Monday, November 7, 2016

Texas, Landmark, U of Iowa, DITD

FOLLOW-UP. Remember how the state of Texas figured that no more than 8.5 percent of its students should be eligible for special ed services? They're changed their tune, according to the Houston Chronicle. Even so,"State officials vigorously defended a policy that arbitrarily set 8.5 percent as the ideal number, saying the policy was not a 'cap,' was not meant to save money, and did not seriously punish school districts that failed to comply." Read more.

LANDMARK COLLEGE has an Institute for Research and Training, and the Institute's most recent e-newsletter has items about mindfulness and education, an executive function webinar, and some recommended articles on topics such as devices, neurodiversity, and ADHD med rebound. Find the newsletter.

ASSOULINE RECOGNIZED. Susan Assouline, Director of the Belin Blank Center at the University of Iowa, has been presented with NAGC's Distinguished Scholar Award. The award goes to "an individual who has made significant contributions to the field of gifted education and demonstrates a continuous record of distinguished scholarship and ongoing scholarly productivity as recognized by experts in the field." The Center is one of few places in the country to conduct ongoing research into giftedness, LDs, and twice exceptionality. Congratulations, Susan! Find out more.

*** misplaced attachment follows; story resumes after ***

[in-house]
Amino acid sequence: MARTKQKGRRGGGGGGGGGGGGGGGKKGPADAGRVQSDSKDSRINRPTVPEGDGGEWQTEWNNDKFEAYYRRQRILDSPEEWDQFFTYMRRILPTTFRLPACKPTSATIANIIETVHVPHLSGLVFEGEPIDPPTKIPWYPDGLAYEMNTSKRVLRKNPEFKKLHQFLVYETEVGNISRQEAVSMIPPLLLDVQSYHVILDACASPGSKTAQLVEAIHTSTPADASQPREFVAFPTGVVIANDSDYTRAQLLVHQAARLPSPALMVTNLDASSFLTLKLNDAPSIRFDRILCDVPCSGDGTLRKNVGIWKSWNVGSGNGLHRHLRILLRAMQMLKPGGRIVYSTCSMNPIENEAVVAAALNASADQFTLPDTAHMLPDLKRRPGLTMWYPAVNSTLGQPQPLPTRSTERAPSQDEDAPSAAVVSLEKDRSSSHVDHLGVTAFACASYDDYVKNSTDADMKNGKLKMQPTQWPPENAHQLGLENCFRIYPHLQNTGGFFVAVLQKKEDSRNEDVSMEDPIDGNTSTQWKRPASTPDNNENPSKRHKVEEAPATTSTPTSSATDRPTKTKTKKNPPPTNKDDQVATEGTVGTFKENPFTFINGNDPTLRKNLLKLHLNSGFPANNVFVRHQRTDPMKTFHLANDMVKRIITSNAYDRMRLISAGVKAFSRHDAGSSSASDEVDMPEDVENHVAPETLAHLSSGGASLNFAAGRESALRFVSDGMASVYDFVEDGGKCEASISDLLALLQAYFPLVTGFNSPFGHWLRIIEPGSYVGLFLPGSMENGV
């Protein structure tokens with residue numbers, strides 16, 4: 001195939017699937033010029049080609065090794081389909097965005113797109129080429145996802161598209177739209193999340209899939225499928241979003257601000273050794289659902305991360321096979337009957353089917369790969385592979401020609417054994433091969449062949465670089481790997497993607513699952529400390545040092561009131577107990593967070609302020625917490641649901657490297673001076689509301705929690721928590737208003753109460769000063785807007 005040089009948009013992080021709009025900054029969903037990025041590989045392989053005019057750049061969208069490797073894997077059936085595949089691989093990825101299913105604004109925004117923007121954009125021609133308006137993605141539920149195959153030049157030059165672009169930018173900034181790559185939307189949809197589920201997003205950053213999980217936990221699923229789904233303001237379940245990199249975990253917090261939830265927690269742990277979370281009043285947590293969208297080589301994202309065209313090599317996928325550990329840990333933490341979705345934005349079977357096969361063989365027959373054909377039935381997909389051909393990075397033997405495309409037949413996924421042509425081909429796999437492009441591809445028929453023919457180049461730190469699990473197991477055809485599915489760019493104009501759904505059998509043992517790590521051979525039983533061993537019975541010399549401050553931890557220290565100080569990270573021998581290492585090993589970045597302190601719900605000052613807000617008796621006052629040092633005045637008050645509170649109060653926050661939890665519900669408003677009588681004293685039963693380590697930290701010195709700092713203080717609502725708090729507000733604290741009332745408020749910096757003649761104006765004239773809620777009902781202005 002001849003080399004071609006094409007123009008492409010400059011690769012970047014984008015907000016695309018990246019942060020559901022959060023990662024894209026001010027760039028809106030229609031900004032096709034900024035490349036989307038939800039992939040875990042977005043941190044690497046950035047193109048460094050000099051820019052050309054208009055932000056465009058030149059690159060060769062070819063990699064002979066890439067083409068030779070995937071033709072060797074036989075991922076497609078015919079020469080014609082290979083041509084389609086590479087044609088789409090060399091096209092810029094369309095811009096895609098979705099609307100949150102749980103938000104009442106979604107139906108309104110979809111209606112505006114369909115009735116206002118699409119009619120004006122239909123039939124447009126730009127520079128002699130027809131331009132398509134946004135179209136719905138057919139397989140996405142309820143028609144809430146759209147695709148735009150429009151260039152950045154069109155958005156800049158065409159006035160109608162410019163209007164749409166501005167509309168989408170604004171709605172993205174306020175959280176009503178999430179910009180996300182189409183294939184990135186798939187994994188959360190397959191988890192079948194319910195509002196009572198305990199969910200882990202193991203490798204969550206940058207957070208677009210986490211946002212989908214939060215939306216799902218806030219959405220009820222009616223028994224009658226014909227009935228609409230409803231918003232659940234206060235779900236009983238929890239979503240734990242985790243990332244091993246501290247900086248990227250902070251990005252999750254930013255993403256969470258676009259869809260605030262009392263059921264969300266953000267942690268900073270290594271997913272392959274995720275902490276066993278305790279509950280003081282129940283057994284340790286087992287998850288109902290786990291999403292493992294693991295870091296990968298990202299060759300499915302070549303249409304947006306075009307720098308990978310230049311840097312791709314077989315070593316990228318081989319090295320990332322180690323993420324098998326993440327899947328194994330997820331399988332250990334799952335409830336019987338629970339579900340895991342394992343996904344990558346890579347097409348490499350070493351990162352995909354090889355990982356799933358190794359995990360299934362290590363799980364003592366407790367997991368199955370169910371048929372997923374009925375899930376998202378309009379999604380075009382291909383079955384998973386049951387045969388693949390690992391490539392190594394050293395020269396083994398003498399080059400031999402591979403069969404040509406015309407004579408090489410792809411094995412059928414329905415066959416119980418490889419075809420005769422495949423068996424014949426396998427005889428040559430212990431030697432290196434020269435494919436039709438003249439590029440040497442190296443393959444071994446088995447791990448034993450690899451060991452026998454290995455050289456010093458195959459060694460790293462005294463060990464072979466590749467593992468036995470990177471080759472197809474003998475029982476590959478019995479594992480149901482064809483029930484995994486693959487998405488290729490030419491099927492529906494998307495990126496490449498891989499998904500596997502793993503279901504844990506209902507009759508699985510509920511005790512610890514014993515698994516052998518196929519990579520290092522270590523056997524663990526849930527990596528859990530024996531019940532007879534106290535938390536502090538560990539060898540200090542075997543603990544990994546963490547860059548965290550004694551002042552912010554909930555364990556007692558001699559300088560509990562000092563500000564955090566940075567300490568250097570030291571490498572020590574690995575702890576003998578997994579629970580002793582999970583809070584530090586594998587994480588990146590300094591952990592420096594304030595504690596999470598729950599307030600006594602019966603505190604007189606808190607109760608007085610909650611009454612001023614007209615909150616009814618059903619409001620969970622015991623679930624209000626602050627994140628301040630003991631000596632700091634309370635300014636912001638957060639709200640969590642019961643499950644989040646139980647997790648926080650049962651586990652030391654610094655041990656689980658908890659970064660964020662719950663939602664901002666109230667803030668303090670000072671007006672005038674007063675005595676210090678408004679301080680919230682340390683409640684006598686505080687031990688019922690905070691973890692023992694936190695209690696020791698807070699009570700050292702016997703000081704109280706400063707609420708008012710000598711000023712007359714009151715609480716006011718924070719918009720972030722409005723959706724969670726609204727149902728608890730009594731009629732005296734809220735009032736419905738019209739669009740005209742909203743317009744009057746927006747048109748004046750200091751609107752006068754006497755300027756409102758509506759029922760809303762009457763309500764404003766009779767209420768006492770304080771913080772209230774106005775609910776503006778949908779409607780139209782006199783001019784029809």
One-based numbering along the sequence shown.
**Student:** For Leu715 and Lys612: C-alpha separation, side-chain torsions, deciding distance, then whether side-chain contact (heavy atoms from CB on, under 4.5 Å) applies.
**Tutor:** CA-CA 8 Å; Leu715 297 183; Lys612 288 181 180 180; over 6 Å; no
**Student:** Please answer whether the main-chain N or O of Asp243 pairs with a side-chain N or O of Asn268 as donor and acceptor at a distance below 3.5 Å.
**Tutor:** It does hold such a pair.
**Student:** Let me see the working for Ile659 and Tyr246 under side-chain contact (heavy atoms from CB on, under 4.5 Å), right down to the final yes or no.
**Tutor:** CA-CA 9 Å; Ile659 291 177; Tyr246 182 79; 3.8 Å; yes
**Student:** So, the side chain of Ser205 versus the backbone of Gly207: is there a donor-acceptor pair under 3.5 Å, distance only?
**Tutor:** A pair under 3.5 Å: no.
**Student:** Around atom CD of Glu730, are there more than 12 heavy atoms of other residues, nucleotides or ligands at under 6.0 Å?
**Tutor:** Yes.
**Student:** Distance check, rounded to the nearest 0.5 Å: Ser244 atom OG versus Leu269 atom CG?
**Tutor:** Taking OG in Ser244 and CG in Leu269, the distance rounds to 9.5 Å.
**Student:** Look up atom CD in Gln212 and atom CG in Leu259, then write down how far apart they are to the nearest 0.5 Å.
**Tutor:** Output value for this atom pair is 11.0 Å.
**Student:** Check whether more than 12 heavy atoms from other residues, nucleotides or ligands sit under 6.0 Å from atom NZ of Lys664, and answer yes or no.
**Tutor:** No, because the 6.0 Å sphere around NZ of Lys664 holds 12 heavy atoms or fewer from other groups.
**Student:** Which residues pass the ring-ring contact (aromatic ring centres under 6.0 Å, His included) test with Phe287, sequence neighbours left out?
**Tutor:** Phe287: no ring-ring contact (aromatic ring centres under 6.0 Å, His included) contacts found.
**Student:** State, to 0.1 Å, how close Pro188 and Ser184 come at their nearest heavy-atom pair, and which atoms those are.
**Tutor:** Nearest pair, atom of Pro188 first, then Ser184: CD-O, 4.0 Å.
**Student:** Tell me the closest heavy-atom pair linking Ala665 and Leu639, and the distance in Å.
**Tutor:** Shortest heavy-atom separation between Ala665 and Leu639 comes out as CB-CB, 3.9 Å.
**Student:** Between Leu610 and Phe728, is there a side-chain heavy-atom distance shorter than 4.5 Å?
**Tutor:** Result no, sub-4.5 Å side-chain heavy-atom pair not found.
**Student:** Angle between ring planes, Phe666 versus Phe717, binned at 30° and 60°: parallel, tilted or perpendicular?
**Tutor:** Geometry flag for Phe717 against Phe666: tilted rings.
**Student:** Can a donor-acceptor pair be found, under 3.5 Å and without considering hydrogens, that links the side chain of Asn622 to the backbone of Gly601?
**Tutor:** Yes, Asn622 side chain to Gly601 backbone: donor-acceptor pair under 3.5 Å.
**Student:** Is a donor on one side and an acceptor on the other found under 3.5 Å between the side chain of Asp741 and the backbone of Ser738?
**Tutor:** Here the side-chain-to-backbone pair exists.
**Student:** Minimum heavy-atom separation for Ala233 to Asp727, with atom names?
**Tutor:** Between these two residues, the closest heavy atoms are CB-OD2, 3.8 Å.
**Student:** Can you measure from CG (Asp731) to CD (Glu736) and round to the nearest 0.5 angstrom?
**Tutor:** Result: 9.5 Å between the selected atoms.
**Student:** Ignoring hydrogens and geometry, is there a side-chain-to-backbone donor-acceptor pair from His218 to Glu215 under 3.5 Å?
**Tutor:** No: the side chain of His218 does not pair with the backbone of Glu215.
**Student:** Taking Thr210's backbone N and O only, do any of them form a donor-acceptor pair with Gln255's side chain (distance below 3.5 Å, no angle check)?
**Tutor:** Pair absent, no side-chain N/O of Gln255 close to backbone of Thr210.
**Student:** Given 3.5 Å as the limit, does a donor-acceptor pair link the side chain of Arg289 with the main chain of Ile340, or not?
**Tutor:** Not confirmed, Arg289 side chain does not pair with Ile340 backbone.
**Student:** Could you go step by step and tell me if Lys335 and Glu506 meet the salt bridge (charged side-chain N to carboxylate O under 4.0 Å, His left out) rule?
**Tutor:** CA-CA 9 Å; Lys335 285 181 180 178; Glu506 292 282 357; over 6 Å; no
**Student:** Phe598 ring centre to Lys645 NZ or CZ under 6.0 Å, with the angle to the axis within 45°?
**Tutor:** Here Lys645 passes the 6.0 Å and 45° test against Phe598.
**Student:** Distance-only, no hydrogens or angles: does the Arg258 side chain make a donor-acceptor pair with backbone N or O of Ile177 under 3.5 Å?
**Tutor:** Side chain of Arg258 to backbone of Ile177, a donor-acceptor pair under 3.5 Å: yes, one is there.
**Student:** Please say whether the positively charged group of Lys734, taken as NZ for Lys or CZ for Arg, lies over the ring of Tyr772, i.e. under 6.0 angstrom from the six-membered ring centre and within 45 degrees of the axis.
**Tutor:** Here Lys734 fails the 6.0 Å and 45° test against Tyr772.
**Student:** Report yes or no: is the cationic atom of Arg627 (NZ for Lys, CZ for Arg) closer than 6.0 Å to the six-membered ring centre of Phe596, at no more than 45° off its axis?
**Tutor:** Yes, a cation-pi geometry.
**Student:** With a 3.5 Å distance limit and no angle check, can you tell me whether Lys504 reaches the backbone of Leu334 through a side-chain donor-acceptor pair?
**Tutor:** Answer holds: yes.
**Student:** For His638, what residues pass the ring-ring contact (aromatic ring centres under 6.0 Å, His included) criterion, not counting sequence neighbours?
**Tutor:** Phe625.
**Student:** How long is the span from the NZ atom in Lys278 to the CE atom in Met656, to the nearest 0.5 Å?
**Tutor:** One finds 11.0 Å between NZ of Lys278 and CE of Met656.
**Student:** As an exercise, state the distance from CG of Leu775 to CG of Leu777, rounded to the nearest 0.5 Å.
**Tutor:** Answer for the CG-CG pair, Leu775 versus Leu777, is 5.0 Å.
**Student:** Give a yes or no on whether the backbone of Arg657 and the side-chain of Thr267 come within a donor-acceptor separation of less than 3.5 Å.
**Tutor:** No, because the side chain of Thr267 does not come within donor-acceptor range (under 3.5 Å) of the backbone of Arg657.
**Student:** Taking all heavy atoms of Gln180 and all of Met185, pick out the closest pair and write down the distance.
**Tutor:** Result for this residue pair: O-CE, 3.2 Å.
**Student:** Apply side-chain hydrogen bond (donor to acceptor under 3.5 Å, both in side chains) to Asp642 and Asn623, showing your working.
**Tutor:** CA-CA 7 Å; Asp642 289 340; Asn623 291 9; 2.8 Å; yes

DIDT EDUCATORS GUILD. This group at the Davidson Institute has issued its fall newsletter. The lead topic is motivation -- or the lack of it -- as applied to gifted students. The article differentiates intrinsic and extrinsic motivation and provides pointers to more information. Also highlighted in the newsletter are professional development opportunities for gifted educators as well as general resources. Find the newsletter.

AND FINALLY, THIS. According to new research, a far wider swath of brain areas is activated when children hear their mothers than when they hear other voices, and this brain response predicts a child's social communication ability. Read more.

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